Dr Denniss concludes with the pragmatism of Gillard Labor in power, and note these matters are not compromises in which nonetheless principles are maintained:
This week the ALP caucus members showed that they were not poll-driven. In overwhelmingly endorsing Gillard they showed that they are willing to make hard decisions, take risks, and stand up to the mob. I hope this approach will soon become evident in their willingness to stand up to mining magnates who have tantrums and big business people feigning fear at all of the ”uncertainty” they face.
Gillard has made mistakes, all people do. Howard’s first term was rocky, to say the least, with minister after minister resigning as a result of his Ministerial Code of Conduct. He dumped that. While Gillard will not thank me for saying it, she is far more like Howard than Rudd ever was. While she is clearly not highly popular, she has been effective in getting her agenda through.
As elsewhere, the assumption that in an effective two-party monopoly system there is nowhere else to go, without considering why it is that the always limited choices on offer have shifted toward one end of the spectrum rather than the other. I suspect the electorate liked Kevin Rudd for his ideas and his inspiration. Most of us do not, I imagine, vote for our representatives to elect an autocrat.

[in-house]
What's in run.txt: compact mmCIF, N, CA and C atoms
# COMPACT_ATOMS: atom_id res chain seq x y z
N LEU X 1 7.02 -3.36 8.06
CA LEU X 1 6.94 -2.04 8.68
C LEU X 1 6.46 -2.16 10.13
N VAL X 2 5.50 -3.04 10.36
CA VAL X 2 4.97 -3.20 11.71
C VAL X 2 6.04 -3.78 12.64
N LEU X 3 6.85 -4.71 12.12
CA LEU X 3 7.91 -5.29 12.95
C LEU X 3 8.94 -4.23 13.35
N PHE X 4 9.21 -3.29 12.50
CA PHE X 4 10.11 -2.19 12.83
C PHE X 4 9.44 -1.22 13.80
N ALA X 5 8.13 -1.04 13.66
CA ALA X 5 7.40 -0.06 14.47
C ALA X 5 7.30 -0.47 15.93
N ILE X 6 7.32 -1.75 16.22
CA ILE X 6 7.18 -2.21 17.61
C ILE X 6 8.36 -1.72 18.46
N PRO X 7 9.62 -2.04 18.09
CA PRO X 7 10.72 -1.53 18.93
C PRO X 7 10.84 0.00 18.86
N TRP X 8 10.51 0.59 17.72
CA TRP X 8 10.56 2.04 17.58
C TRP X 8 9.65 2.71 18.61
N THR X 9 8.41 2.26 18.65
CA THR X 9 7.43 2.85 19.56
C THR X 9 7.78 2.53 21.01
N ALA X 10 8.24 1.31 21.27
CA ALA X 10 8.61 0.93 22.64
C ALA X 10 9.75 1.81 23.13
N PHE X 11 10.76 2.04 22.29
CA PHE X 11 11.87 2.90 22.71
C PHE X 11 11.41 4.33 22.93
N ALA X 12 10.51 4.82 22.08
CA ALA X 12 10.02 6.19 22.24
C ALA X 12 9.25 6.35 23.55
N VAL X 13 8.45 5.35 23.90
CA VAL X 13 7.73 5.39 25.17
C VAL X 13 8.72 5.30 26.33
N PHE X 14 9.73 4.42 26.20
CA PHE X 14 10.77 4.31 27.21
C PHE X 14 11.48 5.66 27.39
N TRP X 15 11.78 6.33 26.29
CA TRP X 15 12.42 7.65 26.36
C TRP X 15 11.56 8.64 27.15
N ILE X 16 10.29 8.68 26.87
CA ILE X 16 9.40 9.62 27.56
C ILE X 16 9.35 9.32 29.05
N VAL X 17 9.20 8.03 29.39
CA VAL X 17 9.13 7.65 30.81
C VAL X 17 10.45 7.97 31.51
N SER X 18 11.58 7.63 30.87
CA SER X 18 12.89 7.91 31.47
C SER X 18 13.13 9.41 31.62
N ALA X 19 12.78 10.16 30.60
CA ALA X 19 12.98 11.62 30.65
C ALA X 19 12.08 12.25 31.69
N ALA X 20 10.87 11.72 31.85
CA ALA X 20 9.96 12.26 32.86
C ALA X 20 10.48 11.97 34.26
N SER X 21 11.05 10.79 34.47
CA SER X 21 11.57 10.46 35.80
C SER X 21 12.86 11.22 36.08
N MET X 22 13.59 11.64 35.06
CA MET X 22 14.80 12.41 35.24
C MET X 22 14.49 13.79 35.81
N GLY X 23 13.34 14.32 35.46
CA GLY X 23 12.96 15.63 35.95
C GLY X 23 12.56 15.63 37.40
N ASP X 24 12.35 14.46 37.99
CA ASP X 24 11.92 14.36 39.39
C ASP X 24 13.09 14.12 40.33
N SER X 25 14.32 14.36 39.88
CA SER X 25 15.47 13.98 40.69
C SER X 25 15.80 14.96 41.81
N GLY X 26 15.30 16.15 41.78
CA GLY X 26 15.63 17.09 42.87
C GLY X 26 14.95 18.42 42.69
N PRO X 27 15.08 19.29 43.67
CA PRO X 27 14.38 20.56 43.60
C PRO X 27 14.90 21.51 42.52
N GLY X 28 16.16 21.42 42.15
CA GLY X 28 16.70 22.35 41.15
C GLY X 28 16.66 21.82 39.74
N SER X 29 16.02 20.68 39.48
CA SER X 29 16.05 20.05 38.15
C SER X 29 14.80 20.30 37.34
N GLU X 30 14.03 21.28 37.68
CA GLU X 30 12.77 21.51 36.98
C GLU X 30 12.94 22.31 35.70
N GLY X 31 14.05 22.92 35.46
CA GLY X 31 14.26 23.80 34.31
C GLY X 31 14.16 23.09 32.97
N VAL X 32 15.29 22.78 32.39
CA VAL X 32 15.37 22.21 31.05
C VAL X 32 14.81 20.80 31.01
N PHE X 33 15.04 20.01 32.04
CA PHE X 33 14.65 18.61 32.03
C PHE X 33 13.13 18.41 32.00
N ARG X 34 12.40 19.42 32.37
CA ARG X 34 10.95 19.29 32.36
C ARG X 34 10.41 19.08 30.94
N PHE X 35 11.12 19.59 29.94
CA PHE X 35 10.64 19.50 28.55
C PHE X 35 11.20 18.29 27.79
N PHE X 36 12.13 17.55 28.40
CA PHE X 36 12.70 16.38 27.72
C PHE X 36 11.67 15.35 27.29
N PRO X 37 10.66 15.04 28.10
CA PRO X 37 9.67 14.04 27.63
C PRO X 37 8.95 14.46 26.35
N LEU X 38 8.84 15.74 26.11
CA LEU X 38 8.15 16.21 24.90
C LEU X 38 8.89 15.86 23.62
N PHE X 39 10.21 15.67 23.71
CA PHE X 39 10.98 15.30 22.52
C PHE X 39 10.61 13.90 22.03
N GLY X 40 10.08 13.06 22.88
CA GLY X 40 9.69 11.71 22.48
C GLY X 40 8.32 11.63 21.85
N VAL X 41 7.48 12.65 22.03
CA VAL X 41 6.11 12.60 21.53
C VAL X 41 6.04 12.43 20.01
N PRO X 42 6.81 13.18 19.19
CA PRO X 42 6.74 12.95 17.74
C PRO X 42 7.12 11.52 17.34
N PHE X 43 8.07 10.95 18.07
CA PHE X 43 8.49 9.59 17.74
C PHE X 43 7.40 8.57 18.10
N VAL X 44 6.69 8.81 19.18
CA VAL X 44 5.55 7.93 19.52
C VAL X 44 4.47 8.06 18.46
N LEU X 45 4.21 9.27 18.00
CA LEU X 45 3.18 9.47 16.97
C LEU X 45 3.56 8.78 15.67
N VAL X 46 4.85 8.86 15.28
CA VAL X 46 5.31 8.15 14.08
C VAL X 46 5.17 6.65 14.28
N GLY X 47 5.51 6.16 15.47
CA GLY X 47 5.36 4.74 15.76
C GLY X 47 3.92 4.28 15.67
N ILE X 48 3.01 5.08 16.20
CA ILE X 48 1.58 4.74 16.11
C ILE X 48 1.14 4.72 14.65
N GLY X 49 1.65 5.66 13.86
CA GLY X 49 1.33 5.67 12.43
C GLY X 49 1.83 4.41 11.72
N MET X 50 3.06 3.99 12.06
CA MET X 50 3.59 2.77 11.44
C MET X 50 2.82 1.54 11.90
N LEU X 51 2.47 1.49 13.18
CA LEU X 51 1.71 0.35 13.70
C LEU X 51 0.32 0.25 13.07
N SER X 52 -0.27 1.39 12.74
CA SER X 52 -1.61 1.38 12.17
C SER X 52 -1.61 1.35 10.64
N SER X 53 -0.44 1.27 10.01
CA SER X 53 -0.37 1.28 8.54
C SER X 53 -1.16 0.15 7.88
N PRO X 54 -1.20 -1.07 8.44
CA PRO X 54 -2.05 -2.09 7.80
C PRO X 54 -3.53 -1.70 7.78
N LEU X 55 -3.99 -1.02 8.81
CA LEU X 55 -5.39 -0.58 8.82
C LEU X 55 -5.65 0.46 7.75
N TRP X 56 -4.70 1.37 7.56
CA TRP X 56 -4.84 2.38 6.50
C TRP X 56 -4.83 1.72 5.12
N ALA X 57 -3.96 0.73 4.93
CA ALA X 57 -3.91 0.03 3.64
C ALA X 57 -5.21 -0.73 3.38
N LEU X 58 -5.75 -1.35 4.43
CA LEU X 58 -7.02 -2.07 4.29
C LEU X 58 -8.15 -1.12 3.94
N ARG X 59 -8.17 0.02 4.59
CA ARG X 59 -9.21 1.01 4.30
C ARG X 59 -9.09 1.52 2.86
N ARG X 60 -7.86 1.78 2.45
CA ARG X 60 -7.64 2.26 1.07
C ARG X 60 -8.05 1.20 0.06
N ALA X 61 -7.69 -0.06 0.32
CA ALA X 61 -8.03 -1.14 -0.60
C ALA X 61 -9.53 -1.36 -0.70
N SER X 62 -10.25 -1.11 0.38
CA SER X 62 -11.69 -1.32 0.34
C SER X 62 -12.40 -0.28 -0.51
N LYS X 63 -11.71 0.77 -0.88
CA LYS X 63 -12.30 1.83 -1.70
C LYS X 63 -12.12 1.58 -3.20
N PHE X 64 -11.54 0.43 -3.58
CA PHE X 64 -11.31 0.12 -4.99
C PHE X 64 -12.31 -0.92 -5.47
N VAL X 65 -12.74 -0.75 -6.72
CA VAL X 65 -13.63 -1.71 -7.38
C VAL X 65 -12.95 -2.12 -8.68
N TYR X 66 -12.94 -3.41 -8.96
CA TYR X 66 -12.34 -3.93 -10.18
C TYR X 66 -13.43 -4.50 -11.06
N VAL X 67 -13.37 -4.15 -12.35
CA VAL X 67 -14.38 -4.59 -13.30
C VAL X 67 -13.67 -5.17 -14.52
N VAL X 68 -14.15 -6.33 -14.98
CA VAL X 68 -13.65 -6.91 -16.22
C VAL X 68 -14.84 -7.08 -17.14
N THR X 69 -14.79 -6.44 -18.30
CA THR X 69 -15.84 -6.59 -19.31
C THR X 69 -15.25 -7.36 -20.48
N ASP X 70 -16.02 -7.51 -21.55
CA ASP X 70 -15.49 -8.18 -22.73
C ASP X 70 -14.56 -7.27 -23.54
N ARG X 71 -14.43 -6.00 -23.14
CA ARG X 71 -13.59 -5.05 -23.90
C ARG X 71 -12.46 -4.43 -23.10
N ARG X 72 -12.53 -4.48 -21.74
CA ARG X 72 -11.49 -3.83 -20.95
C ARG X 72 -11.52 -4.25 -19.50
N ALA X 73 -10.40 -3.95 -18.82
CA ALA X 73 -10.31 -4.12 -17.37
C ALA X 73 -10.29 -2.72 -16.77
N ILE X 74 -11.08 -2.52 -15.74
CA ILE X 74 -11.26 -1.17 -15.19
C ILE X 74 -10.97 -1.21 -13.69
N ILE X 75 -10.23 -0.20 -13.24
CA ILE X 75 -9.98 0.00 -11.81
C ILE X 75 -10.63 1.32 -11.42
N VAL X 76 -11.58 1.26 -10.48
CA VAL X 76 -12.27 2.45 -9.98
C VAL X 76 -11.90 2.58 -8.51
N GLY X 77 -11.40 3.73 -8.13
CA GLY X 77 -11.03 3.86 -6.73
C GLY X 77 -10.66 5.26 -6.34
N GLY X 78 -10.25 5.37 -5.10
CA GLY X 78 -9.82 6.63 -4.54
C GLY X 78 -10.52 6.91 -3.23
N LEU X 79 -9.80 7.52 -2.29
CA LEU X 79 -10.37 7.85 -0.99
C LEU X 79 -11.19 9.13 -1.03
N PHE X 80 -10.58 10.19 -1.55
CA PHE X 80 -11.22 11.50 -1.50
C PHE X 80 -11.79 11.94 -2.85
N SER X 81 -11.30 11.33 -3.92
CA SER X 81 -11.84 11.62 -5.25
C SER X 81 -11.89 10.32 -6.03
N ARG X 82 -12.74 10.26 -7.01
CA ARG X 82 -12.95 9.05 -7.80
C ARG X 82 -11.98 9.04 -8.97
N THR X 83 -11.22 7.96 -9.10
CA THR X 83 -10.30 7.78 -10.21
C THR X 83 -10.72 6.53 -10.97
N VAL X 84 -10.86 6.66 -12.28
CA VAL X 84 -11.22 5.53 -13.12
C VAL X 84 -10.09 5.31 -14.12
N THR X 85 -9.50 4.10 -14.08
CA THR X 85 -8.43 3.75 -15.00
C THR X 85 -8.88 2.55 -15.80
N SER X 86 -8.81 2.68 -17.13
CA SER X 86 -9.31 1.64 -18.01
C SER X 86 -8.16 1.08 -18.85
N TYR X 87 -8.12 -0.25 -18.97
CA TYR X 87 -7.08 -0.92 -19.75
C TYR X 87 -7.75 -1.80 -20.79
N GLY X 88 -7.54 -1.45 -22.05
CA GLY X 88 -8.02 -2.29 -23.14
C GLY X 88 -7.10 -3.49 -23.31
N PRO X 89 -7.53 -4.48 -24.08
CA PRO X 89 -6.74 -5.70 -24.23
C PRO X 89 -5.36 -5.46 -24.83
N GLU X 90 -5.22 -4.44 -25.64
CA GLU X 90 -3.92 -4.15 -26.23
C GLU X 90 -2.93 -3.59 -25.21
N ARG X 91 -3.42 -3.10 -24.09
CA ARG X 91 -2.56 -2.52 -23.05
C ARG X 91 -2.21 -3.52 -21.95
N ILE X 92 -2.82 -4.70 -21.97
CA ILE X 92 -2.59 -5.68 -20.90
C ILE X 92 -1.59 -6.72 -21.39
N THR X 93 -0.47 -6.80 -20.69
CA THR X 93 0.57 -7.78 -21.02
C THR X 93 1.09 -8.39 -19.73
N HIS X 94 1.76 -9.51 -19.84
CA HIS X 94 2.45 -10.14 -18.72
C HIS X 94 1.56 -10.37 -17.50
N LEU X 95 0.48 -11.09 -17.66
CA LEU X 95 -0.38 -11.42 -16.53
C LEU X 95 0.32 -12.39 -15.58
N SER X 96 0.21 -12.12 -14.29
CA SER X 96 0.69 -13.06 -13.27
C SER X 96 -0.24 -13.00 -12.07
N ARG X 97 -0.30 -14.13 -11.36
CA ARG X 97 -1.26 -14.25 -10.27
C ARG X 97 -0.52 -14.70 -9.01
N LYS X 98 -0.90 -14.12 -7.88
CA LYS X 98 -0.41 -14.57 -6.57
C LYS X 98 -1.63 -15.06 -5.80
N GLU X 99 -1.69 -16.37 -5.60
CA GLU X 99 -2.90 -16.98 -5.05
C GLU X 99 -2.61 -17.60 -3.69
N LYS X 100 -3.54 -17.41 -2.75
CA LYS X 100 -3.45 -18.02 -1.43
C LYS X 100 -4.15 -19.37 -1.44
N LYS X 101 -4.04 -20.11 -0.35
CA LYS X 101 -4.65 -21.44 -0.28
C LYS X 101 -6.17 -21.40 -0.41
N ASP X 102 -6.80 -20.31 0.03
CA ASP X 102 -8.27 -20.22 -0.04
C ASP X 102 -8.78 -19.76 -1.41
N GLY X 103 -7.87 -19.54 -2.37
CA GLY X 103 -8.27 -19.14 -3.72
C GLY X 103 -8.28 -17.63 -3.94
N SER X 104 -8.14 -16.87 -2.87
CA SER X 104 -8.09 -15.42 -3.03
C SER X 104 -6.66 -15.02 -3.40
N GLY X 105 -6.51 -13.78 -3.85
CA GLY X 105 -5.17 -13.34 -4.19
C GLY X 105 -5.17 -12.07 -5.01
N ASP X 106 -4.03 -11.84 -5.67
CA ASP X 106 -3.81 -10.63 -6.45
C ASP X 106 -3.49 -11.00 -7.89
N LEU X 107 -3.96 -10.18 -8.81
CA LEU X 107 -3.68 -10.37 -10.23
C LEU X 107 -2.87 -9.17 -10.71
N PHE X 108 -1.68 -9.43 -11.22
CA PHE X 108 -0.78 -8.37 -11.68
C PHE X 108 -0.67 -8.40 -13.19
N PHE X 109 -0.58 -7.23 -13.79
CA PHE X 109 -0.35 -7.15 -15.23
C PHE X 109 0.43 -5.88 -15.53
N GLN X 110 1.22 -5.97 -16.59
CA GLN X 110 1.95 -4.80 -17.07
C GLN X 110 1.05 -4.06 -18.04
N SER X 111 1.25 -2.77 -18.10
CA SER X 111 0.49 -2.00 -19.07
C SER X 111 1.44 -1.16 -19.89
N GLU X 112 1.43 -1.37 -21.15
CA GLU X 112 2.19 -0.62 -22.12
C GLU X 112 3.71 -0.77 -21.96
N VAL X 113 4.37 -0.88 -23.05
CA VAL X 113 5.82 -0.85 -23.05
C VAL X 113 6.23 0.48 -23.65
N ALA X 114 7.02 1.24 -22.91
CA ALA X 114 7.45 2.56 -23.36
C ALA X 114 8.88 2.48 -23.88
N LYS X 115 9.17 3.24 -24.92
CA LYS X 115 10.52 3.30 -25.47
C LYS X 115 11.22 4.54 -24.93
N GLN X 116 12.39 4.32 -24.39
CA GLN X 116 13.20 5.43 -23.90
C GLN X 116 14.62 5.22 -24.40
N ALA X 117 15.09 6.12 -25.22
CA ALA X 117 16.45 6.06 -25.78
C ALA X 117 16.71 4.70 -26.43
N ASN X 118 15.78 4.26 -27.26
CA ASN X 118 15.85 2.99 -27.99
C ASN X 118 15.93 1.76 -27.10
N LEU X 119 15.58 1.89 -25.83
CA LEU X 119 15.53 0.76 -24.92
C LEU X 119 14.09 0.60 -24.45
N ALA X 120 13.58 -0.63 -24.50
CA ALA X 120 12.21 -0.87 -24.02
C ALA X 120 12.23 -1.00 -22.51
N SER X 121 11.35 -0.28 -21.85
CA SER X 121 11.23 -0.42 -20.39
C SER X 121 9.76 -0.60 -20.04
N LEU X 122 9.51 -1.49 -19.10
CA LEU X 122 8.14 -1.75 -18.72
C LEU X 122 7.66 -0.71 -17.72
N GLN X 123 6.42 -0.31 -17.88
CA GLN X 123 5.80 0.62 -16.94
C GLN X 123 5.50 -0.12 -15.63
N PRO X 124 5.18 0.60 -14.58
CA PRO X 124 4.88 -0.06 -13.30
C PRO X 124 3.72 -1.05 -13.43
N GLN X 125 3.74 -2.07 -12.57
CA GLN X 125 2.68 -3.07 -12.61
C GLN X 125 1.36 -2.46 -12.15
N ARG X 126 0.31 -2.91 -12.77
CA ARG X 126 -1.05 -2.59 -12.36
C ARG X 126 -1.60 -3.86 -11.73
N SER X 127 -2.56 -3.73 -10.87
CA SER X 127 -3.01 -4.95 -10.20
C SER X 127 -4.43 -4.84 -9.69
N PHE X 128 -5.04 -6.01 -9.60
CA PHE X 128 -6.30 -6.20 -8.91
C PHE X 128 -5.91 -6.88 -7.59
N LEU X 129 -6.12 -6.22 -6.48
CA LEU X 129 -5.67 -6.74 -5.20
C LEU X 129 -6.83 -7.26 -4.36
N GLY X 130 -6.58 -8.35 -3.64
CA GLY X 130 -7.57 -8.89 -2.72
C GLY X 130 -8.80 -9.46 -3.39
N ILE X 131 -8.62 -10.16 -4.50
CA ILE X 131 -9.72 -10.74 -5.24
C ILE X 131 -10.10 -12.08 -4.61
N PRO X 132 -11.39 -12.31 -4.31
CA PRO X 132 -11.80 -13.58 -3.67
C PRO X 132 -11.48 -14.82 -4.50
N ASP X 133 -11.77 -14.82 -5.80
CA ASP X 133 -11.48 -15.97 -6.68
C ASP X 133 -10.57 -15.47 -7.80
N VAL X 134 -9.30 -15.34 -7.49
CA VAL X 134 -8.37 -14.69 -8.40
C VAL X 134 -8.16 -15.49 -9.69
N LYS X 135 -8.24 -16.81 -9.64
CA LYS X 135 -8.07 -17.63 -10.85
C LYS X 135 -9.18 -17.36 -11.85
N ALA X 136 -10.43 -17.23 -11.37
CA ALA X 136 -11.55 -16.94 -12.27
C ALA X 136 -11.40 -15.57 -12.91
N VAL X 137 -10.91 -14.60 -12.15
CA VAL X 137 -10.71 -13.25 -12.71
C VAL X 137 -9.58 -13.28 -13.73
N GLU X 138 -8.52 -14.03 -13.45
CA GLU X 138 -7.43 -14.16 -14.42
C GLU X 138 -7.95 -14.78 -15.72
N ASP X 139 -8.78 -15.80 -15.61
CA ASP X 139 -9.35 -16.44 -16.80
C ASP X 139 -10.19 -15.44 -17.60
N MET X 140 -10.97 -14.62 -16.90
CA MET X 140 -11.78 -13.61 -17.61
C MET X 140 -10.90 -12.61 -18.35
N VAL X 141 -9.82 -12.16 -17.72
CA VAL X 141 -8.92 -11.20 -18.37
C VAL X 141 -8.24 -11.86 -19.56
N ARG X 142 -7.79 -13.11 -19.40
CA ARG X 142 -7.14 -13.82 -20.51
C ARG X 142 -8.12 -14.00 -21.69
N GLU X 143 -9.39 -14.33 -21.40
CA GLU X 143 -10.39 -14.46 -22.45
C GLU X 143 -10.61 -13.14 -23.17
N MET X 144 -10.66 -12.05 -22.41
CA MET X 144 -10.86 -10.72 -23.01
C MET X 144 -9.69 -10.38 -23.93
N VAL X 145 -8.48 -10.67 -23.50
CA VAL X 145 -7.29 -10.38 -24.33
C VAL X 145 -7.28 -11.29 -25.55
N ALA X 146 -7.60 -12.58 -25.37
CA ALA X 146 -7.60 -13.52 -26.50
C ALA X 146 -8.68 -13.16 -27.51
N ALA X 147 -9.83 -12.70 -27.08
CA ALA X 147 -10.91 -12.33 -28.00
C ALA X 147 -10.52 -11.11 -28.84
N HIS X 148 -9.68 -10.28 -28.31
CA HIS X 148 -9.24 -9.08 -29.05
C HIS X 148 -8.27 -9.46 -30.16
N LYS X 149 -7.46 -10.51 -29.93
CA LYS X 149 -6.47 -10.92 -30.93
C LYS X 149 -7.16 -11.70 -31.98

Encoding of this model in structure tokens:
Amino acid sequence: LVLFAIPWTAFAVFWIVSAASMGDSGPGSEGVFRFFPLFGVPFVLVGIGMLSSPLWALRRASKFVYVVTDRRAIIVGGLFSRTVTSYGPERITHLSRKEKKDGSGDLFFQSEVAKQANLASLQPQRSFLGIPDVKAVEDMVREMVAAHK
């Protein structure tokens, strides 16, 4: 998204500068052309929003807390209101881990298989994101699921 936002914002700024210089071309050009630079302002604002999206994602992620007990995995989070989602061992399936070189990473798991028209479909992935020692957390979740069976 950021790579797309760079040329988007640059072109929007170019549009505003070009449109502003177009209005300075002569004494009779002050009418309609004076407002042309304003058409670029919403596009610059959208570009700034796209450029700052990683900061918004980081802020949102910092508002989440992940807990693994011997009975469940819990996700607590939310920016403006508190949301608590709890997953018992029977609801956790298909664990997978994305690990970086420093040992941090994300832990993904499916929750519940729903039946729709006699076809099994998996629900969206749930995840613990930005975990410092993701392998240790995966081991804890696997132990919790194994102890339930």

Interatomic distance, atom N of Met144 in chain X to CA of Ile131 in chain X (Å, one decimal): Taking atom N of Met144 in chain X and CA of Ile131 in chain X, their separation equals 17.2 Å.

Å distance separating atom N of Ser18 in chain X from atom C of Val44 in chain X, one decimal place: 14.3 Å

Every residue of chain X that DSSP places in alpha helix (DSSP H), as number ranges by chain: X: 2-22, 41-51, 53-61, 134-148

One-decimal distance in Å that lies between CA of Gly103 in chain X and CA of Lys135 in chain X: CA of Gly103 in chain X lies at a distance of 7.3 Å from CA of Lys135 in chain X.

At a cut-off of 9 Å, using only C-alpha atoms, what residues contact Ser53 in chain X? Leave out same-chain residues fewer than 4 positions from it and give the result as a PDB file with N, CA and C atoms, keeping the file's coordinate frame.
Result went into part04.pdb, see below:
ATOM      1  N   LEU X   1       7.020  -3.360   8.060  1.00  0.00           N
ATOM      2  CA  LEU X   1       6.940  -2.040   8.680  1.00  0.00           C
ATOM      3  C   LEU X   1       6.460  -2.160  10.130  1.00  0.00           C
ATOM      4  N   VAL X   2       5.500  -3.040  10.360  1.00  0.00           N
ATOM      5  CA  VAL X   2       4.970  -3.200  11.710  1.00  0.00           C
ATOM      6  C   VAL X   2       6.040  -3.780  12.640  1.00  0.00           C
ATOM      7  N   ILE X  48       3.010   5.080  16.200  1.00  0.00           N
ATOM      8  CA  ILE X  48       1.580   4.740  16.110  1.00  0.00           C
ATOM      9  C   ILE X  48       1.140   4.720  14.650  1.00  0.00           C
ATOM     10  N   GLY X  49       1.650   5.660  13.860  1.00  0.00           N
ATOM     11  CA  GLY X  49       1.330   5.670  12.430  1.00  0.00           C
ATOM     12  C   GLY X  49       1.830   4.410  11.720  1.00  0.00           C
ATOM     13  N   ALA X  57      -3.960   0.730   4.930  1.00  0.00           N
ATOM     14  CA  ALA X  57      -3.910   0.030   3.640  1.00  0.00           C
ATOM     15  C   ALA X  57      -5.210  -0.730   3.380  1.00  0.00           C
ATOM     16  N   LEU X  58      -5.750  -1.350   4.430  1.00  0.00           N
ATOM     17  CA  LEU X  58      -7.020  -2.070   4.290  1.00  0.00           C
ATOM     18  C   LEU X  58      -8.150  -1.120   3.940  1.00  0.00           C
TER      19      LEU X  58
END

Thom Hartmann interviews Corey Robin concerning the reactionary mind. Part One:
- MP warns of second challenge to PM (news.theage.com.au)
- We need to talk about Kevin (theage.com.au)
- Time we heard truth about the real Kevin (smh.com.au)
- Kevin Rudd has his Lee Iacocca moment (wellthisiswhatithink.wordpress.com)
- How a fine political romance ended in a messy divorce (theage.com.au)
- Anything you can do, I can do better (theage.com.au)
En Passant observes without analysis:
Labor in power has capitulated to them. It governs for the one percent.
The Minerals Resource Rent Tax sell out comes to mind. It was a complete backdown to the mining magnates. Who led this retreat? Wayne Swan of course.
This talk by Swan and Labor of rich vested interests is a smokescreen to give the impression of defending the fair go while overseeing an historic shift of income and wealth to capital from labour, to the rich from the poor and working class.
3 Quarks Daily points to research suggesting that lack of knowledge, but more importantly cognitive limitations create a democratic deficit, which implicitly have to overcome by those who know better. The question then goes to the values and motivations of the few enlightened ones, who would be lucky to be elected without acting dumber than they are, suggesting what we have always gleaned that they are manipulative personalities, or at least we had better suspect they are. (There has got to be something wrong with this argument.)
At The Drum, Graham Young is not impressed with the appointment of Bob Carr as Senator and Foreign Minister. He mentions Bob Carr lucrative appointment with Macquarie Bank, but fails to note that Kevin Rudd’s aspirations have probably being forestalled.